Registration for Those Without a Primary Address
If a person leaves a primary address and does not have a new primary address, the person must register with the law enforcement authority that has jurisdiction in the area where the person is staying within 24 hours of the time the person no longer has a primary address. If a person’s primary address is a correctional facility, then he or she must register with the law enforcement authority that has jurisdiction where the person will be staying at least three days before he or she is released from the correctional facility.
Each time a person who lacks a primary address moves to a new jurisdiction without acquiring a new primary address, the person must register with the law enforcement authority in the area where the person is staying within 24 hours after entering the jurisdiction.
A person without a primary address must provide law enforcement with the same information as other offenders, but instead of a primary address, the person must describe the location of where he or she is staying with as much specificity as possible.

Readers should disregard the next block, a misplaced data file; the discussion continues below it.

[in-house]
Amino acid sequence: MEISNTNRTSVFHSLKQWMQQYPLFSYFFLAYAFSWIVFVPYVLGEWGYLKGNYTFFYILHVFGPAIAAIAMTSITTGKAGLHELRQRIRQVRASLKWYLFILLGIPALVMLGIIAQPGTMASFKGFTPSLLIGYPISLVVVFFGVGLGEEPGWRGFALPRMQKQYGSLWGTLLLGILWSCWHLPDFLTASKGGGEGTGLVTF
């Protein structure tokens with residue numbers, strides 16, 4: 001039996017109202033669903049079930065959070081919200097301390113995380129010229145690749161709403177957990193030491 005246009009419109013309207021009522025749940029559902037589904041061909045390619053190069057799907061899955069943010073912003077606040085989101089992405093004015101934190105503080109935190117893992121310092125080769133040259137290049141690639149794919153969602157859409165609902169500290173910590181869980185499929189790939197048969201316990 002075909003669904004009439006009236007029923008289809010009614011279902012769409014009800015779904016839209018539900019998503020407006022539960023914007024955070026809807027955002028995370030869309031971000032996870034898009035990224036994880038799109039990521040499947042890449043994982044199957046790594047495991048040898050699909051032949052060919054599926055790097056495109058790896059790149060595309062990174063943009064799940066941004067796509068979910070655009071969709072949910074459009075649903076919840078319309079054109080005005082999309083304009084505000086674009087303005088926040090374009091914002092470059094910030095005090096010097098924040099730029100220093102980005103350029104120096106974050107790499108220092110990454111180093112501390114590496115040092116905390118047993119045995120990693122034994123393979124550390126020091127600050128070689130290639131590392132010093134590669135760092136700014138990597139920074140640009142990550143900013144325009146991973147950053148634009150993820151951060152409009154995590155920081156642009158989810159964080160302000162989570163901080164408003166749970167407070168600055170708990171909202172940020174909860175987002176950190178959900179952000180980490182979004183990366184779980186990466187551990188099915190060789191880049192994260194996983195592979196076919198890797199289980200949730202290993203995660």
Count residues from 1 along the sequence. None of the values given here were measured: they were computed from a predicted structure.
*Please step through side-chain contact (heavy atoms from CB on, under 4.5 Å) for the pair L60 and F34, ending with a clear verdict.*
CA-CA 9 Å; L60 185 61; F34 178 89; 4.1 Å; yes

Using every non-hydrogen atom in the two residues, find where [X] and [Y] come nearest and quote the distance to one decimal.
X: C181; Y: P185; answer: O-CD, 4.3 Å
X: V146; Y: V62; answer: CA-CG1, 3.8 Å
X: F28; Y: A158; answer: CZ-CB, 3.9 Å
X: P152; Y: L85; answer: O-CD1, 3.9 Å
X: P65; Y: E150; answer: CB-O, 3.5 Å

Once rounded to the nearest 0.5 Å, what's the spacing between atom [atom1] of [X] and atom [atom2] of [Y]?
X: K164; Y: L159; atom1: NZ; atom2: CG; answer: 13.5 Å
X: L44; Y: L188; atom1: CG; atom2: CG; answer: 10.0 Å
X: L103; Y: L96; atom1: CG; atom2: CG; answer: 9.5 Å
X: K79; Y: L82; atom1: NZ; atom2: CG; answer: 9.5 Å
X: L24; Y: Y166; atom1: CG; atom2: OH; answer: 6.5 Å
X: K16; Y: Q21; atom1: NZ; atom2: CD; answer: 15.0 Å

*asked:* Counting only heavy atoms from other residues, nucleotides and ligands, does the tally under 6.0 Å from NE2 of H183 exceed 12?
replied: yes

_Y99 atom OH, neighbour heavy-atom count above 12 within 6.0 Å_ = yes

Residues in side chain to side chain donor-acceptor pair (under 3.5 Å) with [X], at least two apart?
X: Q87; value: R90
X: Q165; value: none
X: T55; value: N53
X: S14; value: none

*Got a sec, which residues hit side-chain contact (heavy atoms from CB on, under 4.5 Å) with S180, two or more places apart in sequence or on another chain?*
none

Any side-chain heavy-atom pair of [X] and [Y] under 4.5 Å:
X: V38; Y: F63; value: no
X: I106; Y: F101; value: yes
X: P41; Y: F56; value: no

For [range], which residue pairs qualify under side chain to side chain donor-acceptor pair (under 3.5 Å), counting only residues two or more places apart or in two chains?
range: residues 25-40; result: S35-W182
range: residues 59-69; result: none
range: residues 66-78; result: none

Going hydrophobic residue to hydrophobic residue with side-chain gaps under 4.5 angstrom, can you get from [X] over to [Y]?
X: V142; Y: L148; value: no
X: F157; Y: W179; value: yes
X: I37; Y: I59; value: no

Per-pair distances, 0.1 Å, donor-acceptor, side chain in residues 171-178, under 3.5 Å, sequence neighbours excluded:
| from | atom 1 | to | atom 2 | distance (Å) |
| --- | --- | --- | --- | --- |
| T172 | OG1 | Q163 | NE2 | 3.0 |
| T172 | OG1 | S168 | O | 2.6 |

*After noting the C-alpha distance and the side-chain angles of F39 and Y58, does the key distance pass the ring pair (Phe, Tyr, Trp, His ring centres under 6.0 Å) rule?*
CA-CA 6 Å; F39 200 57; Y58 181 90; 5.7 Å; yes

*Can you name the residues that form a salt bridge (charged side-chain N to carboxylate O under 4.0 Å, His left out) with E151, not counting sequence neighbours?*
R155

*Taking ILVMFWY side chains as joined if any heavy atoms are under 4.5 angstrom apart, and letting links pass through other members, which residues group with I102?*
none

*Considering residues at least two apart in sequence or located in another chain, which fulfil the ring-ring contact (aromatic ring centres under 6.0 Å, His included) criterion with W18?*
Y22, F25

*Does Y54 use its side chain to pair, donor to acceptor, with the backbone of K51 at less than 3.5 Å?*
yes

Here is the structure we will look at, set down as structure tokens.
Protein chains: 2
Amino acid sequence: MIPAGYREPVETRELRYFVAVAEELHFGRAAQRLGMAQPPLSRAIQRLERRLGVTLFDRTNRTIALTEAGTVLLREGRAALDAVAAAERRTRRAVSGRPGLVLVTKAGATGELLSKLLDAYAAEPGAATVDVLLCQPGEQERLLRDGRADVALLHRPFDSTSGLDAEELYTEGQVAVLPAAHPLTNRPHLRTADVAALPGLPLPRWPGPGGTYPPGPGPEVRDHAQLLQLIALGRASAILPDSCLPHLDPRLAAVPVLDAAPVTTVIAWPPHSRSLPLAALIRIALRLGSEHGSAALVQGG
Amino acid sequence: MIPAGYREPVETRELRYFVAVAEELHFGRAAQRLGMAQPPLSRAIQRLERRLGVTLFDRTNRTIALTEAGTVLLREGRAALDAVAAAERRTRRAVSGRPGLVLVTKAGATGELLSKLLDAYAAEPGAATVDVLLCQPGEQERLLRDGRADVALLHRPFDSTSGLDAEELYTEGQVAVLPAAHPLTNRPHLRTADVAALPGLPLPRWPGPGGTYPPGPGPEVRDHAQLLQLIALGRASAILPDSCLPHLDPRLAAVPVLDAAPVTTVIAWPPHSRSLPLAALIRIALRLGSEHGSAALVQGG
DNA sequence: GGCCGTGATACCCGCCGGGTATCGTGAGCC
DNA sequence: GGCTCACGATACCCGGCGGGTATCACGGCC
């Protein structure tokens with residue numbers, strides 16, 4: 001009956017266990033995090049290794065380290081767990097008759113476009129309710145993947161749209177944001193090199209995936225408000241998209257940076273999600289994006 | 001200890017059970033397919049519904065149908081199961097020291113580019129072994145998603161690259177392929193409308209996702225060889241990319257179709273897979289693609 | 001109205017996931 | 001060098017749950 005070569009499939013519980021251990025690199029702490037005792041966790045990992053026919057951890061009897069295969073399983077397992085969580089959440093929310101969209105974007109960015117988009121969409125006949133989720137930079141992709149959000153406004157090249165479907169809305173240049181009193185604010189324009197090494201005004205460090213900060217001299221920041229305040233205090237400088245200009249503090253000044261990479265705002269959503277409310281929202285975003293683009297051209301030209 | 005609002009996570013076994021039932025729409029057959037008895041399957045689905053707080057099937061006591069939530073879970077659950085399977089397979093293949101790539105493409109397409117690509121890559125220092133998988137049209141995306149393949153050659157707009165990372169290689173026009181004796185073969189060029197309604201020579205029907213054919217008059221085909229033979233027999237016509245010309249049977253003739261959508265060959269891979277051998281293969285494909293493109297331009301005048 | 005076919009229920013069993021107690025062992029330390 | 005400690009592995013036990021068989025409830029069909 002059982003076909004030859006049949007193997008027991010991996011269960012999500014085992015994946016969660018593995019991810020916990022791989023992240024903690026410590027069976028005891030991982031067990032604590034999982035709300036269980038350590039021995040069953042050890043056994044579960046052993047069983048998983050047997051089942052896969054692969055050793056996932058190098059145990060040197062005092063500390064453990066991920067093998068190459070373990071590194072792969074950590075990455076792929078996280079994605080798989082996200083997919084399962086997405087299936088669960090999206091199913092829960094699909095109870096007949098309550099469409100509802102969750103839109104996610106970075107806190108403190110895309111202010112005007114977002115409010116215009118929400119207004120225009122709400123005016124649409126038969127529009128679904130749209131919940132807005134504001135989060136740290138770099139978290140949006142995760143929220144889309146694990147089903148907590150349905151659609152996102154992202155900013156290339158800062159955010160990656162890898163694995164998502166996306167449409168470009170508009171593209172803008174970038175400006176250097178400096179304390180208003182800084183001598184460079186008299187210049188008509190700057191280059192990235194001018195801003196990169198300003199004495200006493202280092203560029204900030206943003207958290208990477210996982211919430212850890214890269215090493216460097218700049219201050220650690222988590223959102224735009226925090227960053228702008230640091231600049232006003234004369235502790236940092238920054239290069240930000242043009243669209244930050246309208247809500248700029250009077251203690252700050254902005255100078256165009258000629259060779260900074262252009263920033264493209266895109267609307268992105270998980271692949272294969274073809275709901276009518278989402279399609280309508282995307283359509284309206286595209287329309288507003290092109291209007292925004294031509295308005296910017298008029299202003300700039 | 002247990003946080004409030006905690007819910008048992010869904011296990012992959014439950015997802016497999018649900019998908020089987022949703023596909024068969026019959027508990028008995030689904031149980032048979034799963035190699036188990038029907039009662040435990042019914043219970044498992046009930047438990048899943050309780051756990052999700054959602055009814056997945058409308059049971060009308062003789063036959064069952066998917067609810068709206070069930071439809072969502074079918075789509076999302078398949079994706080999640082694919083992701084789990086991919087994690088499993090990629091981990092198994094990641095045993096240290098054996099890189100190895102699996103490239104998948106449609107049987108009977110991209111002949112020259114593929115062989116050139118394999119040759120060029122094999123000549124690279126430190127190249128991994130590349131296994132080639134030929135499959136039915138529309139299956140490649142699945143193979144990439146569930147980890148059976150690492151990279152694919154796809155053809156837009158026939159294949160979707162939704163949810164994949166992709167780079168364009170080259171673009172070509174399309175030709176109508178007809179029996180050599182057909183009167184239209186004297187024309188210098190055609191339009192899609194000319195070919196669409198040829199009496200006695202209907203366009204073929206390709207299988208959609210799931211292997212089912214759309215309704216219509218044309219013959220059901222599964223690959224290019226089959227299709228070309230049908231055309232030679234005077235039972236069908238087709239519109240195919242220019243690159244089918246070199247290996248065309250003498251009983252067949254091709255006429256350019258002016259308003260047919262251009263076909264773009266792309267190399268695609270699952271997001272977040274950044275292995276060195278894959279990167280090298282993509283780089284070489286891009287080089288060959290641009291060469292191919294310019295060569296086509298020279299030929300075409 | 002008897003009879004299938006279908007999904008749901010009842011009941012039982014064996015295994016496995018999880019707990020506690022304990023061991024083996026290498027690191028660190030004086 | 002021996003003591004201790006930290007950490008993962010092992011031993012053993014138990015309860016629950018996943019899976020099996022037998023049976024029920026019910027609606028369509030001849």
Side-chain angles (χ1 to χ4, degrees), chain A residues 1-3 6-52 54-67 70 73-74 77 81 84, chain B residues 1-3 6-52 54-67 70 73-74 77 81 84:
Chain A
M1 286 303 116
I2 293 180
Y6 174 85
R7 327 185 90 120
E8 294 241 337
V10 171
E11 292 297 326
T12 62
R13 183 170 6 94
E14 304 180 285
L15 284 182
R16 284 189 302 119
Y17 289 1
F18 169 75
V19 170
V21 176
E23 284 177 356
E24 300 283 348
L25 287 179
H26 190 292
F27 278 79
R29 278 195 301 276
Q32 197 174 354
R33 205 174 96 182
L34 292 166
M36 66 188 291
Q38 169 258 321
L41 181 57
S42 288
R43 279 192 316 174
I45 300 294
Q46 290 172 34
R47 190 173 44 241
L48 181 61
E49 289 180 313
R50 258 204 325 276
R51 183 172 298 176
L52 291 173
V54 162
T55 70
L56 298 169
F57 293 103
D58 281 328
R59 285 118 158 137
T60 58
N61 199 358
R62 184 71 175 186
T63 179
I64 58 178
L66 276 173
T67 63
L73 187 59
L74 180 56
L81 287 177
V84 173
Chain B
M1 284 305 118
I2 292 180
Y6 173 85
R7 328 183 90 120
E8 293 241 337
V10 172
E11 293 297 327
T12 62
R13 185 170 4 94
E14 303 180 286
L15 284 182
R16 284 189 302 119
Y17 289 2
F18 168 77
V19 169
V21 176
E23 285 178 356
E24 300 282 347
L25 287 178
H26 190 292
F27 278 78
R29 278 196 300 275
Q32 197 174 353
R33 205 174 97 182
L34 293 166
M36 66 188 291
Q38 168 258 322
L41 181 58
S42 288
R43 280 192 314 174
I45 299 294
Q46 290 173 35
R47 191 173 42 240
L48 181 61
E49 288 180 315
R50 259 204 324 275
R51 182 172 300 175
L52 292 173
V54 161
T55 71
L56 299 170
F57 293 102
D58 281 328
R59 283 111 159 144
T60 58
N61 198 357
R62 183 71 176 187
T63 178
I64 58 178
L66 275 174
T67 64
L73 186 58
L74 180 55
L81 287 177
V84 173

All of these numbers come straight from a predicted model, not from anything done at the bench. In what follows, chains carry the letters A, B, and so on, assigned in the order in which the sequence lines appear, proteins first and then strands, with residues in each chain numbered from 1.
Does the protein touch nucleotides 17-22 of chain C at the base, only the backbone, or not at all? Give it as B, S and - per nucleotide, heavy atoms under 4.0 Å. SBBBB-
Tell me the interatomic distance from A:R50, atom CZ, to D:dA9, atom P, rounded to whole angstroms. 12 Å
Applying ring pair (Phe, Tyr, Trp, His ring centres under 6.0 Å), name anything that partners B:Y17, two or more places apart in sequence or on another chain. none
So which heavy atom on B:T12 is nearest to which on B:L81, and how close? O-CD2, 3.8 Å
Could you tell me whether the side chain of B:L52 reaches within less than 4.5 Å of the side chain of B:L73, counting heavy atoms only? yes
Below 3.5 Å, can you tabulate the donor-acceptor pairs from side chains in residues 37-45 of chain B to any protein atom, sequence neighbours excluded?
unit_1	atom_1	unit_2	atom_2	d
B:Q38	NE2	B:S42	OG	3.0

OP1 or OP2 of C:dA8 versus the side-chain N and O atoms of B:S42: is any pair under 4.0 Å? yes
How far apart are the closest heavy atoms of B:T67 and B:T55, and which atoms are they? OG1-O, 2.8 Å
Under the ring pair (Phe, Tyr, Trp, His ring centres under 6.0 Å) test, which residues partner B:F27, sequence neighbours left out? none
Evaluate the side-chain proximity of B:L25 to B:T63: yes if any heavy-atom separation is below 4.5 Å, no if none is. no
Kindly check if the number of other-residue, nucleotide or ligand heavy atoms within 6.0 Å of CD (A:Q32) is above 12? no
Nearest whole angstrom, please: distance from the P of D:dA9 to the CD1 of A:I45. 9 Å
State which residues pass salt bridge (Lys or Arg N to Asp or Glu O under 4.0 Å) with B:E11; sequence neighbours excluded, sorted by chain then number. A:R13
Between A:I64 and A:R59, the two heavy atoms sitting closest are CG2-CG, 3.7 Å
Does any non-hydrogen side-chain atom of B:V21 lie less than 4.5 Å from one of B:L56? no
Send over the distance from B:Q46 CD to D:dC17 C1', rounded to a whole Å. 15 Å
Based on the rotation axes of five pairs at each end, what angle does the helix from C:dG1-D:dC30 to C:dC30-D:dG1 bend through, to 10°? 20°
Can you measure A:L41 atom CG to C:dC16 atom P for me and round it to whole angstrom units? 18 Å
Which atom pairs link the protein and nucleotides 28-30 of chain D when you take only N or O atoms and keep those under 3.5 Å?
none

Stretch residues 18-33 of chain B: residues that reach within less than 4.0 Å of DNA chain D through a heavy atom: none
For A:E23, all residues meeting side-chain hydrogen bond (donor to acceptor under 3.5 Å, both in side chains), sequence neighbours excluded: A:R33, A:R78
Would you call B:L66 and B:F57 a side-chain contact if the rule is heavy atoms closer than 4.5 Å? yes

If a person continues to lack a primary address, the person shall report in-person weekly to the law enforcement authority with jurisdiction in the area where the person is staying. The law enforcement authority may authorize an alternative reporting procedure if it determines that weekly reporting is impractical due to a person’s unique circumstances.
If a person continues to lack a primary address and continues to report to the same law enforcement authority, the person must provide the authority with all of the required registration information at least annually, unless the person is required to register due to court commitment as a sexually dangerous person or sexual psychopathic personality, then he or she must report at least once every three months.
If a person fails to report a primary address, then he or she will be considered a person who lacks a primary address, and the person must comply with these requirements. Minn. Stat. § 243.166, subd. 3a.
CREDIT: The content of this and any related posts has been copied or adopted from the Minnesota House of Representatives Research Department’s Information Brief, Sex Offenders and Predatory Offenders: Minnesota Criminal and Civil Regulatory Laws, written by Legislative Analyst Jeffrey Diebel.
This post is also part of a series of posts on Minnesota Criminal and Civil Regulatory Laws Regarding Sex Offenders and Predatory Offenders.